Nano Tweezers Take Molecules from Cells without Destroying Them

Scientists have created nano tweezers that extract single molecules from cells without destroying them. The device should help researchers study the inner workings of cells in real-time.

by Lina Zeldovich
January 25, 2019

A team of scientists at the Imperial College London developed a tiny tool that lets them extract single molecules from cells without destroying them. Named electric nano tweezers, the instrument uses a powerful electric field to pluck the DNA and other particles from living cells, letting researchers study their inner workings in real time.

Biologists strive to understand the cell’s spatial organization and the molecular dynamics within them. Mapping the molecular diversity of the seemingly identical cells can help medics build more precise models of disease and create patient-specific therapies. But the traditional methods of studying what happens inside a cell usually involves bursting it, which kills the cell and muddles the information it can provide. Scientists can obtain a simple “snapshot” of the cells’ profile at a particular point in time, but lose the cells’ spatial and dynamic information and how it changes over time.

Having the ability to analyze this in real time would allow scientists to build a “human cell atlas” and understand how healthy cells work and what goes awry when they malfunction. “It is a different approach to single cell analysis,” said Binoy Paulose Nadappuram, an author of the study.

To provide researchers with this ability, Nadappuram, together with Paolo Cadinu and other colleagues at the Imperial College London, created electric nano tweezers. The tweezers are built from a sharp glass rod that has a pair of tiny electrodes, made from a graphite-like compound forged by a pyrolysis of butane, at the end. In the presence of oxygen, the carbon-containing butane would burn, generating carbon dioxide and water. However, when heated without oxygen, the carbon remains solid and forms the tweezers’ electrodes. The electrodes have a 10- to 20-nanometre gap between them. When an alternating current voltage is applied, the small gap creates a highly localized powerful electrical field that traps the molecules and other particles inside cells.

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Using their new tool, researchers demonstrated that they were able to manipulate and extract several different items from various regions of the cell, including mitochondria from the cell body, RNA from different locations in the cytoplasm, and DNA from the nucleus. The ability to study the mitochondria, the cells’ powerhouse that breaks down nutrients and creates energy, is of particular interest to scientists. The mitochondria is said to have its own genome, which differs from the cells’ DNA. Those genetic variations have been implicated in health and disease.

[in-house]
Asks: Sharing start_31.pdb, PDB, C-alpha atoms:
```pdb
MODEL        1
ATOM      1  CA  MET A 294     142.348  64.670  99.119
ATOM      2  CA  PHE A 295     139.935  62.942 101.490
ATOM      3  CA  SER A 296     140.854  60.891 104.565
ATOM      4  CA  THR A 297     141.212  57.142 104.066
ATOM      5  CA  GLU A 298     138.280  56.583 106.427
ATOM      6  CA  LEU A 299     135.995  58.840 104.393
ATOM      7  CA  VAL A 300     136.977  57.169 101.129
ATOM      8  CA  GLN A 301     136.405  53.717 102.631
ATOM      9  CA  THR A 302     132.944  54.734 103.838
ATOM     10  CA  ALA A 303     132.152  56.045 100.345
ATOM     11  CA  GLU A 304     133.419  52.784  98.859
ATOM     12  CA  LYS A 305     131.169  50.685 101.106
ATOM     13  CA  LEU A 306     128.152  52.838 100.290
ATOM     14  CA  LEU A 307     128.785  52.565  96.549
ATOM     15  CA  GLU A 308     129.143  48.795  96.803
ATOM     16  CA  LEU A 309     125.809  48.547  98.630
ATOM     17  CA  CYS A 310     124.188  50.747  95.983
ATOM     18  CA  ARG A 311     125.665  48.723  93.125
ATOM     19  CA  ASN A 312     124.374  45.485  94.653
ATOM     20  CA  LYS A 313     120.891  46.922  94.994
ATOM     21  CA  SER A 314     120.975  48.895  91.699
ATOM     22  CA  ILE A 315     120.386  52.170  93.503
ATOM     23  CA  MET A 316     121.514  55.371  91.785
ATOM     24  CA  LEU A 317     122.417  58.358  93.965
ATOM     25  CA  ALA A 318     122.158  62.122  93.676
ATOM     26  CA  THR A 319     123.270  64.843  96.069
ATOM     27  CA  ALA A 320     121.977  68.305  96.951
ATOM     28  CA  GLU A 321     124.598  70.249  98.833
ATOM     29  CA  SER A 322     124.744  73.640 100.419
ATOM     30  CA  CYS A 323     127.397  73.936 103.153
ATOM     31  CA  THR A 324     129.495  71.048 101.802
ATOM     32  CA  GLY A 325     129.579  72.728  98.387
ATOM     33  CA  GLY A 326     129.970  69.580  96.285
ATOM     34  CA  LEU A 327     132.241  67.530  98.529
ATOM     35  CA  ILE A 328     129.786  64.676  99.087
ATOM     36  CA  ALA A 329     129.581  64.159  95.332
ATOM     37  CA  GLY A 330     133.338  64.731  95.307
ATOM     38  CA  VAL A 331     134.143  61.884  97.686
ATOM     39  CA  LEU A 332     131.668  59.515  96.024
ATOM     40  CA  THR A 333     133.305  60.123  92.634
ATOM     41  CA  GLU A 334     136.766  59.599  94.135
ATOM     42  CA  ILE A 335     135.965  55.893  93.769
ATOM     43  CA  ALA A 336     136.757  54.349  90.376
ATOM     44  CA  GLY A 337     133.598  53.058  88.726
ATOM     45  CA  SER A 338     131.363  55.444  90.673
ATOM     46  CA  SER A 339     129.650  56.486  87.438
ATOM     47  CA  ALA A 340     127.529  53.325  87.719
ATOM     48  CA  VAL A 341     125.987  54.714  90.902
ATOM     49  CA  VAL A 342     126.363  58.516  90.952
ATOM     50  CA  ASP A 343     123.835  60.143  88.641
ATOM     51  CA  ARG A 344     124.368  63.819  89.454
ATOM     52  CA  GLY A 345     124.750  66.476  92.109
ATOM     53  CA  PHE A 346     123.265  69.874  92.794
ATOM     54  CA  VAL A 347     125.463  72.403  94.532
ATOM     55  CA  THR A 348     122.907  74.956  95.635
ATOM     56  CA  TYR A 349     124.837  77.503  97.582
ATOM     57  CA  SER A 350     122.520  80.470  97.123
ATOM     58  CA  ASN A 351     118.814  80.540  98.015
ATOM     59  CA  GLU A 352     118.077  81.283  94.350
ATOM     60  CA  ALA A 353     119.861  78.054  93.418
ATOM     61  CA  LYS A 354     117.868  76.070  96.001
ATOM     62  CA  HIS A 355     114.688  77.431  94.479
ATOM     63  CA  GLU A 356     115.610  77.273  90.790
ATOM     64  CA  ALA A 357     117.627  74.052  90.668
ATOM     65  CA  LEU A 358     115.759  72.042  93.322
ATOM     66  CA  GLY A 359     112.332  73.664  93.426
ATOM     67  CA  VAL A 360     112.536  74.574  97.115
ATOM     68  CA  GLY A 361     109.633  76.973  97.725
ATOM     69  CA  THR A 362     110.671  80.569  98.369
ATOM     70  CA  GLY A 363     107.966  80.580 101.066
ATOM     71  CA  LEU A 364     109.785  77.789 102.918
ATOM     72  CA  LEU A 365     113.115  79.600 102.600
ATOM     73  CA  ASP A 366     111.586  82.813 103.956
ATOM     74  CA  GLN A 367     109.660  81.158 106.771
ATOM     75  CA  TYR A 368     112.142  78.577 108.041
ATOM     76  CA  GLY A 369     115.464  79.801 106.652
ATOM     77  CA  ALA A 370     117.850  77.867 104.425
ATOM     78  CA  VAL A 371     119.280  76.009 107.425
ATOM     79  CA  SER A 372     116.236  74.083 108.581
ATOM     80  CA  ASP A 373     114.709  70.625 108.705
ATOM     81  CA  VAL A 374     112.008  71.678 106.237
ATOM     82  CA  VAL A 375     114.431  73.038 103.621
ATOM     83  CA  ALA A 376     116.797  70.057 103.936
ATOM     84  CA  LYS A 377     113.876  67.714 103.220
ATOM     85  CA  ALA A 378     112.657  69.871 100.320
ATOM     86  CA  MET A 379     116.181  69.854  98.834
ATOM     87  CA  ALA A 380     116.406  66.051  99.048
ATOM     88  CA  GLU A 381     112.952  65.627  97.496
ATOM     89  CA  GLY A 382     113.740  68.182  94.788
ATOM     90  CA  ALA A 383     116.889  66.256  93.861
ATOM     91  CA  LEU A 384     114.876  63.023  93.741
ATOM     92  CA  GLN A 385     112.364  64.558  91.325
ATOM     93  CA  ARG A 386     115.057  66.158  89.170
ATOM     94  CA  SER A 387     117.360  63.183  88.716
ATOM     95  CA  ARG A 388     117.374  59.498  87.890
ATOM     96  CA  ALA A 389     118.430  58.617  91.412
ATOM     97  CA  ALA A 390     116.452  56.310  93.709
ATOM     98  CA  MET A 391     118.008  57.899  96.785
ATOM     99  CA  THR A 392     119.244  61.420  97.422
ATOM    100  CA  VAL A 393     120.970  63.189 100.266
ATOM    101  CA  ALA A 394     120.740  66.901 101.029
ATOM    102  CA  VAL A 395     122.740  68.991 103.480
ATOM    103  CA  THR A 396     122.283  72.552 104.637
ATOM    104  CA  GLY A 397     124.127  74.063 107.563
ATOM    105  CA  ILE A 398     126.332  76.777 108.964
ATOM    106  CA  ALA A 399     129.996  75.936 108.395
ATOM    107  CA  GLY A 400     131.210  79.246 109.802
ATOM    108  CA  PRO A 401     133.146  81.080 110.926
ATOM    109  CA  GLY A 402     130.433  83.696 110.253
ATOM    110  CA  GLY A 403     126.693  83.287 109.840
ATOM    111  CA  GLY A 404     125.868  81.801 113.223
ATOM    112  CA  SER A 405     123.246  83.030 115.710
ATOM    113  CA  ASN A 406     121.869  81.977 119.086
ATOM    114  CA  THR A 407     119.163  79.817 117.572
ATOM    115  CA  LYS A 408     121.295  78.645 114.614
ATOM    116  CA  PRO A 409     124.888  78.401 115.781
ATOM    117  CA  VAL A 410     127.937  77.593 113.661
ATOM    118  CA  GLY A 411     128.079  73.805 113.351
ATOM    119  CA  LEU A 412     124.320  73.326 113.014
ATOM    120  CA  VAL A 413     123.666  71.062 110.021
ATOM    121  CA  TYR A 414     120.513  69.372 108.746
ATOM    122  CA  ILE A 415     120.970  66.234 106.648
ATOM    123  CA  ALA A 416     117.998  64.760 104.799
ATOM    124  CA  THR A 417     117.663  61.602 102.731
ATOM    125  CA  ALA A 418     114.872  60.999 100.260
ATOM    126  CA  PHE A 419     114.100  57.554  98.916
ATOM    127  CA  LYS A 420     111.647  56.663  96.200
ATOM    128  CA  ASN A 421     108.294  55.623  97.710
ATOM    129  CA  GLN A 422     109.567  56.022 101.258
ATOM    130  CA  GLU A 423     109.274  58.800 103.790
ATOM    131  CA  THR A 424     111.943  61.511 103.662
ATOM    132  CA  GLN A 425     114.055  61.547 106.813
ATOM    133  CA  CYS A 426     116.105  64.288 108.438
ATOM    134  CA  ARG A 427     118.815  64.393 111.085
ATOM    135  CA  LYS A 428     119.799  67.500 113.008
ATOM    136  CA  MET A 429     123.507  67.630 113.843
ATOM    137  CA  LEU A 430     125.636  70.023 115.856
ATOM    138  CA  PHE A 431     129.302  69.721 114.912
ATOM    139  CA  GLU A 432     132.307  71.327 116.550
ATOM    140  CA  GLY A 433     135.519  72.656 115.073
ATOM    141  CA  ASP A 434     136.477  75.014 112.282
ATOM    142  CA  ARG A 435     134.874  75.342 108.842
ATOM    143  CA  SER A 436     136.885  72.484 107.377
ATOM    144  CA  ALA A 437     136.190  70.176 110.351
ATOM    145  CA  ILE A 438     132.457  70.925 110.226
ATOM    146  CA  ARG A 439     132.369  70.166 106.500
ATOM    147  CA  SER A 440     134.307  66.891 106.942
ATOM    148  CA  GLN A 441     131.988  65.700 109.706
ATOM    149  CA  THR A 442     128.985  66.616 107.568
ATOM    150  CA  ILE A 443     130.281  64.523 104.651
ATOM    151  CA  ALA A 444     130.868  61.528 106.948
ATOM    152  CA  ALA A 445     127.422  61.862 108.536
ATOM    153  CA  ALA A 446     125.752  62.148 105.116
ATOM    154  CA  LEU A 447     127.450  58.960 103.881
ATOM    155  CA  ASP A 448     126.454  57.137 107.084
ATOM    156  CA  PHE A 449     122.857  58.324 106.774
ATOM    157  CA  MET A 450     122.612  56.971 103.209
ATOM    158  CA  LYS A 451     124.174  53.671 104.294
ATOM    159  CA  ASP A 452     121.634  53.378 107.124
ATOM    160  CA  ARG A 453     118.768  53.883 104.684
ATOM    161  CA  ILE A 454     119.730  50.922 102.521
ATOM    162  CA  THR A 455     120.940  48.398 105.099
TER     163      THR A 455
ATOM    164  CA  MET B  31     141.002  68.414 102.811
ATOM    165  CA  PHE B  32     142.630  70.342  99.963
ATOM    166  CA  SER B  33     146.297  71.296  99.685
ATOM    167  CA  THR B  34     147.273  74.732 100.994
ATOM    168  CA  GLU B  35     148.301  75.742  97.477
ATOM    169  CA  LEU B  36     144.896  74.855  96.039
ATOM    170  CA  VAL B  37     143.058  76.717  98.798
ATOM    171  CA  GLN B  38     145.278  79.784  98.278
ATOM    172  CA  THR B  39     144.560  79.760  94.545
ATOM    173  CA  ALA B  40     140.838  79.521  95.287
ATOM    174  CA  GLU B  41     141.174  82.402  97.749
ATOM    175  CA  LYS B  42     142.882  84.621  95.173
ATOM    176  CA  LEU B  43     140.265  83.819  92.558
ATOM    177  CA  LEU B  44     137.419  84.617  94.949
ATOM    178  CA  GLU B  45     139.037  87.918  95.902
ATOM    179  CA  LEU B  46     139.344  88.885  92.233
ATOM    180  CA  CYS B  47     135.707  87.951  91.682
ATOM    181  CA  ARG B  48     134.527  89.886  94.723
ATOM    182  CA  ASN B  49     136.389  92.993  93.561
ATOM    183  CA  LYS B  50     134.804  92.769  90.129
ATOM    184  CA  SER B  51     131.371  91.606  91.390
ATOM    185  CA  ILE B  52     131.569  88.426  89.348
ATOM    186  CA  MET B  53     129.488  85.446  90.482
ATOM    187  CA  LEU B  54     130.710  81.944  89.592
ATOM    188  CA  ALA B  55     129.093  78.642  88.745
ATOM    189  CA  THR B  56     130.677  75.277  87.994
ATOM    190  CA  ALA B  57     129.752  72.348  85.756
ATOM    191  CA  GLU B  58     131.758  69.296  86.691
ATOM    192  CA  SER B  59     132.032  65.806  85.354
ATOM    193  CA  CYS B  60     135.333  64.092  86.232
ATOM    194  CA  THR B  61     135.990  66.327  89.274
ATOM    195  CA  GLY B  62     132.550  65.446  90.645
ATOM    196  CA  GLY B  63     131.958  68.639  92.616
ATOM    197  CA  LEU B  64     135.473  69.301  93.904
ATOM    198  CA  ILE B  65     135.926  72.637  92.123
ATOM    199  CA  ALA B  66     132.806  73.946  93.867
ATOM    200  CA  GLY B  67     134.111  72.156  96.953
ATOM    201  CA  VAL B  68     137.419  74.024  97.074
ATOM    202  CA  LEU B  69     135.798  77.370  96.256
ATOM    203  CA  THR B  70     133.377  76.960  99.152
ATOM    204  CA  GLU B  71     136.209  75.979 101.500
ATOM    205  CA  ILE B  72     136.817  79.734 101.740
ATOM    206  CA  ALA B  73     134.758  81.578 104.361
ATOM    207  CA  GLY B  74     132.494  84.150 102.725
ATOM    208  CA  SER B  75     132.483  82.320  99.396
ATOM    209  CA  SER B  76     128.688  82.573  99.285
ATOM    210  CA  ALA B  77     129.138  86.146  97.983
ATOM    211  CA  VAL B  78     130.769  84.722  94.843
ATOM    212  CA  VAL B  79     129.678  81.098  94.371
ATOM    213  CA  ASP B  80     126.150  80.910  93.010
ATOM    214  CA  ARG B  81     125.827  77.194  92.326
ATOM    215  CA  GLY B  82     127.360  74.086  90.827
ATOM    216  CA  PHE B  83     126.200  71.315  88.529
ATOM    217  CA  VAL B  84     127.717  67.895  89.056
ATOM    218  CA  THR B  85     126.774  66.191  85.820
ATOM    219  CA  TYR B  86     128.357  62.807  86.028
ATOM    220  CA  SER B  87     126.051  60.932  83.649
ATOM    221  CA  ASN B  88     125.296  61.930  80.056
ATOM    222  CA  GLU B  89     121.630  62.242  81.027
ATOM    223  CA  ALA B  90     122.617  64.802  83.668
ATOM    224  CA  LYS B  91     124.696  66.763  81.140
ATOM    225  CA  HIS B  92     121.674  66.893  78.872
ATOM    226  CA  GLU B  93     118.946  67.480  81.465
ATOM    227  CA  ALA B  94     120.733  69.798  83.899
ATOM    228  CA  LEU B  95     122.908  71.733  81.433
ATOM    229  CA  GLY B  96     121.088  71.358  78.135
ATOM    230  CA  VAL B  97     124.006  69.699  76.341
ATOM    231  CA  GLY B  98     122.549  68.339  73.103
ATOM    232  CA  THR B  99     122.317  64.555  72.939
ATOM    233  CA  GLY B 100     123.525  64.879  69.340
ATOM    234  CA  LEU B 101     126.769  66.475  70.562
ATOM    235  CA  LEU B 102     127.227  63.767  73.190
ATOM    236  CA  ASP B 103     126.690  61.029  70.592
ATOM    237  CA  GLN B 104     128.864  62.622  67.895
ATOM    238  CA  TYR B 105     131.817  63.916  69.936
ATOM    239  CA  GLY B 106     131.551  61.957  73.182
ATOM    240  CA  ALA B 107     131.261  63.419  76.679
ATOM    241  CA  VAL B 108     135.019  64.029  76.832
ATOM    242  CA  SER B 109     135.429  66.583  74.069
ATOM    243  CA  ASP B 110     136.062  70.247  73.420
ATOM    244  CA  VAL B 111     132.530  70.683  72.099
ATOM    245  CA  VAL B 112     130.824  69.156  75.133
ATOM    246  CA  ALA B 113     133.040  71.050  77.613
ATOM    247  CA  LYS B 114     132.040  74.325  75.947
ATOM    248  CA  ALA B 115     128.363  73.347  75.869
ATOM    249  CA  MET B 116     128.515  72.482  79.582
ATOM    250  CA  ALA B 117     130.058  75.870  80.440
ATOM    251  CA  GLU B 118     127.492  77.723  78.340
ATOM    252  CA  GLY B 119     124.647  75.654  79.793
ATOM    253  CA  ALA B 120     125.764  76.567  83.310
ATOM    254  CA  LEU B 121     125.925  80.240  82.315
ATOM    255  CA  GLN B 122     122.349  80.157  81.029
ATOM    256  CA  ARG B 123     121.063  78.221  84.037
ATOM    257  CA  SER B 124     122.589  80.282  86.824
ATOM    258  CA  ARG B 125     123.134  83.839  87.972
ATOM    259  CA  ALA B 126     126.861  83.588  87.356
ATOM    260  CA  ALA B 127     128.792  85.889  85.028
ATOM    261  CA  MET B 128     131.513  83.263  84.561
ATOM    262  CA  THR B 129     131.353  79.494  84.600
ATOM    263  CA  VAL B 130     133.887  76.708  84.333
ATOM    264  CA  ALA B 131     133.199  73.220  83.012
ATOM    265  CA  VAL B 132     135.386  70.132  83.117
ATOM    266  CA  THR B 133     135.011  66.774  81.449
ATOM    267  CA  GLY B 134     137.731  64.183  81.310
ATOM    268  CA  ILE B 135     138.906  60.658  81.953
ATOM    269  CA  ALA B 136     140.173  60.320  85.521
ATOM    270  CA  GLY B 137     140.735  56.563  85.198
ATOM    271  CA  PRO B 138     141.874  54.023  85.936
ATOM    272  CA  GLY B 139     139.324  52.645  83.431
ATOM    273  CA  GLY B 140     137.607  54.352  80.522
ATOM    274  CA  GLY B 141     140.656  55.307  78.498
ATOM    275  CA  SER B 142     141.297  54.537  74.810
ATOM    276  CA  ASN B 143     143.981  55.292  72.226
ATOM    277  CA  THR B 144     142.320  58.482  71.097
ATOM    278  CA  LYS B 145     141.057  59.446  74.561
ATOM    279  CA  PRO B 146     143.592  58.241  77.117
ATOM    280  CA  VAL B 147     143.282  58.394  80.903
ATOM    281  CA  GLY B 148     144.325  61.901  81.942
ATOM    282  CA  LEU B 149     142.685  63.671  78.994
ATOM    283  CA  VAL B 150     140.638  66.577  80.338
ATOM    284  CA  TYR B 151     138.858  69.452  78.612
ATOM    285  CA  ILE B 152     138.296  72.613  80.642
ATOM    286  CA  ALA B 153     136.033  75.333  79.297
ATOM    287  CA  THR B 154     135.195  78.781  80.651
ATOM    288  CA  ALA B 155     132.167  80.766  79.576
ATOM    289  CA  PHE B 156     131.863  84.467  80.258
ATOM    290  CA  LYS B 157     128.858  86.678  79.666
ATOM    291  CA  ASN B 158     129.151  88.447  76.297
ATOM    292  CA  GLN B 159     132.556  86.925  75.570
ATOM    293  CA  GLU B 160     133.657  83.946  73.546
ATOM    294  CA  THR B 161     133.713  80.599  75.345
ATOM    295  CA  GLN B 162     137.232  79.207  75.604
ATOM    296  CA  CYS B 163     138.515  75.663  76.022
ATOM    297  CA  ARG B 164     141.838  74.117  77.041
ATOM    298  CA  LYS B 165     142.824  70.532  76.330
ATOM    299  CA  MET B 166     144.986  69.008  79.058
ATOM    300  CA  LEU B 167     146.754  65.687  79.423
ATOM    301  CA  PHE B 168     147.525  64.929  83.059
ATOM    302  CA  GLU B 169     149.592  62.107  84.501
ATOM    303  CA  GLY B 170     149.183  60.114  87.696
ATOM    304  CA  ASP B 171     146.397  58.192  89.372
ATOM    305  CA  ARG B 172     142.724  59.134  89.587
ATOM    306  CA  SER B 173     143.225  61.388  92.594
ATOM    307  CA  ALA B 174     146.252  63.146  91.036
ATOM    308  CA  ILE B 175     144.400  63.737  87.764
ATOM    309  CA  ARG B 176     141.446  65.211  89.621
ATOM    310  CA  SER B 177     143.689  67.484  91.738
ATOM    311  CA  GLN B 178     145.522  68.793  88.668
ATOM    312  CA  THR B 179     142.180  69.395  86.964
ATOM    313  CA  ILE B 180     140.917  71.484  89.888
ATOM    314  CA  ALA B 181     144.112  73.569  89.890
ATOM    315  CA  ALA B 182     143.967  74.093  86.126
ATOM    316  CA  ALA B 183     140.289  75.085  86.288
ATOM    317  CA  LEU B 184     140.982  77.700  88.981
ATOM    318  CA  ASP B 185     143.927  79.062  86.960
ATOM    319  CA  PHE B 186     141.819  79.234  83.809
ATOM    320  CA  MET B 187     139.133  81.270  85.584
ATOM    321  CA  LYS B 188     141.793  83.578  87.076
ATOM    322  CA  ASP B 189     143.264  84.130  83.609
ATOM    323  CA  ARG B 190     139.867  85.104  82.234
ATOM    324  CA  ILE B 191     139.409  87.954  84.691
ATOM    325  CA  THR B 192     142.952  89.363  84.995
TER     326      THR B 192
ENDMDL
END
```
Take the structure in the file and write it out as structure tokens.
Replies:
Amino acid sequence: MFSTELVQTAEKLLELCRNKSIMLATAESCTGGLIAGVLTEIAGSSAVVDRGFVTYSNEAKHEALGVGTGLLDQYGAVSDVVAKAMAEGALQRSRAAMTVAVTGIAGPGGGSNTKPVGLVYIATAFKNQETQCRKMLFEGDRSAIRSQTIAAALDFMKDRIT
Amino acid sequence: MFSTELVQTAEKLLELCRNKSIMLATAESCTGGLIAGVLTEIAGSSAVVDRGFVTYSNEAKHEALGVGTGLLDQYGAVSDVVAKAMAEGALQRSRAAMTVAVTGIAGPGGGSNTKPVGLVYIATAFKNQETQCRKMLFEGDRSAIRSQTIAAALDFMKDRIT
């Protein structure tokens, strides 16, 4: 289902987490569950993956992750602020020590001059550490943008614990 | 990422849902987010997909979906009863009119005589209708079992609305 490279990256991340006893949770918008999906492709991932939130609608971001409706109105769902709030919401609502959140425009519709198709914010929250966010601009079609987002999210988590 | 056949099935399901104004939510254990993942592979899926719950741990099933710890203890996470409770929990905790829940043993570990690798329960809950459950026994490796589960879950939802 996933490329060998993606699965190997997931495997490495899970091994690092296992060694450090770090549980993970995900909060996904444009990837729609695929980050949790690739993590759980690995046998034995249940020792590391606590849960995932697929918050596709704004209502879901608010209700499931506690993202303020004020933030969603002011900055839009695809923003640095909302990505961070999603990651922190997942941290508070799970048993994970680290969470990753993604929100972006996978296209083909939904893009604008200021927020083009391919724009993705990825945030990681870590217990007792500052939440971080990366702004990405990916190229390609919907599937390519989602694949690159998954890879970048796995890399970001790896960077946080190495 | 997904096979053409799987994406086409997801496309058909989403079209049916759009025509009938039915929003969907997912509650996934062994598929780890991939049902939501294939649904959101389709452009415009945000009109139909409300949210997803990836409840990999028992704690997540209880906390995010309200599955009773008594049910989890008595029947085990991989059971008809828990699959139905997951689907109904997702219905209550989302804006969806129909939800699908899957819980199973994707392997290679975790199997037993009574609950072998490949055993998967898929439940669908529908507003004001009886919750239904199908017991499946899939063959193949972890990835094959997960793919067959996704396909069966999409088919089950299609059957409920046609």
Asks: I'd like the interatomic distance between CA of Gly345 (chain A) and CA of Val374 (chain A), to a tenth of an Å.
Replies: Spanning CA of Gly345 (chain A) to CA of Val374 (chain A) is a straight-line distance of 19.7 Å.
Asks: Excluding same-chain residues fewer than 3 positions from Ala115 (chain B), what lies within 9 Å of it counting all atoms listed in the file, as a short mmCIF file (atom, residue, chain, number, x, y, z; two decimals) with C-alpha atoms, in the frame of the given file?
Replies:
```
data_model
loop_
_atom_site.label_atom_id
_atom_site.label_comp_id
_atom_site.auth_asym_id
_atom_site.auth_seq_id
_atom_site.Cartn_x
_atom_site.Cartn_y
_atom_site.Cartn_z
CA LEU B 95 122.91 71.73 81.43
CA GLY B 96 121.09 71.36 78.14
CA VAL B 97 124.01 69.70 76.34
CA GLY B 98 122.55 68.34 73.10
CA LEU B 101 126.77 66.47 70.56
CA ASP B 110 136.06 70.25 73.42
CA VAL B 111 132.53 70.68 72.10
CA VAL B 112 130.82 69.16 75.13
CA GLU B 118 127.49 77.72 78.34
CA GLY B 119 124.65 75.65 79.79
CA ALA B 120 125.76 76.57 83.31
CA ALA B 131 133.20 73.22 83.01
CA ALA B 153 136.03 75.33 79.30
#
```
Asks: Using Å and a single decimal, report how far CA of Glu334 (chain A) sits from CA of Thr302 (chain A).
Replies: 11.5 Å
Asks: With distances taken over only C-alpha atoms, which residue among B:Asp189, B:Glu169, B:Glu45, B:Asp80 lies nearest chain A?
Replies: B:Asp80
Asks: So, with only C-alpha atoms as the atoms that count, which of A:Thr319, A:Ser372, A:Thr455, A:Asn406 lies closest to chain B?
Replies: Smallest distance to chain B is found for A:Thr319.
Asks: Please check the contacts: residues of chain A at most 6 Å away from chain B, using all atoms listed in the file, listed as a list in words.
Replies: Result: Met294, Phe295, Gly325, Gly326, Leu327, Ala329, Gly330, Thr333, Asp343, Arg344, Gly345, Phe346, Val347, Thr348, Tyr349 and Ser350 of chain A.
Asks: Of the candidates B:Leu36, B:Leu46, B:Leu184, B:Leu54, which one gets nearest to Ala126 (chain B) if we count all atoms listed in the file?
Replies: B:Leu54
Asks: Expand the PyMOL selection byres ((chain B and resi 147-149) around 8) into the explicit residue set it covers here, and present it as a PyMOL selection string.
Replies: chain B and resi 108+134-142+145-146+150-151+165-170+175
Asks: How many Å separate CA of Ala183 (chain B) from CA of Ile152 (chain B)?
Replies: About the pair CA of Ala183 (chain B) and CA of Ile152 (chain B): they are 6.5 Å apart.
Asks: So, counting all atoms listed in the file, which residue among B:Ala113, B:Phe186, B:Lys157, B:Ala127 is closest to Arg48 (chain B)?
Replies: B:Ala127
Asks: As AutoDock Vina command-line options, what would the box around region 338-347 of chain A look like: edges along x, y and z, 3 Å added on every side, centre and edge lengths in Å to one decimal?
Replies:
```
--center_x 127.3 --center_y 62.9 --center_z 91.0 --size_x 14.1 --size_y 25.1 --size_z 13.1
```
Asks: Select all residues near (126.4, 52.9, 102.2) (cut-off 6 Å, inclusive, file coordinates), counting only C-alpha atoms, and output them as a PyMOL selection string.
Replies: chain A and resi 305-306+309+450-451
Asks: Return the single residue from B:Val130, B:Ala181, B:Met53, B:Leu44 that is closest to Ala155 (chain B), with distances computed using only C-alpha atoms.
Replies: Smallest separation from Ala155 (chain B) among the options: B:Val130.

“Our tool enables us to extract mitochondria from specific locations and study its genetic makeup,” Nadappuram said.

The tweezers can also be used to insert particles into cells, such as a piece of microRNA, to investigate its gene expression pattern and role in disease development. Inserting microRNAs can alter the functioning of the cell and lead to novel therapies. The ability to regulate the functioning of individual cells at that level is an important concept in precision and personalized medicine.

The tweezers can be used for cell biopsies and to move molecules between cells.

“You can move a specific molecule from one environment to other, at nanometer scale,” Nadappuram said.  “You can also imagine using it for building synthetic cells where you assemble them from various building blocks.”

Professor Ratnasingham Sooryakumar at the Ohio State University’s Department of Physics, who had worked on magnetic tweezers and cell manipulation, finds the new tool very exciting. “It’s a very interesting, clever application,” he said. “And they applied it to biological systems and proved that it’s a very viable technique.” 

Sooryakumar thinks the new tool has many potential applications that could be further explored. Echoing the study authors’ ideas, he also suggests to try inserting some materials or molecules into the cells and study the outcome. “It would be interesting to do the reverse. Take some genetic material and introduce it into a specific part of the cells and see how the cells respond,” he said.

These manipulations can open doors to novel cell therapies that can be tried and tested in real time, while researchers watch the cells’ reactions.

“You can treat cells and see how they are responding and do timely analysis,” Sooryakumar said, of the many uses the team’s creation may have. “They opened up opportunities for all kinds of things.”

Lina Zeldovich is an independent writer

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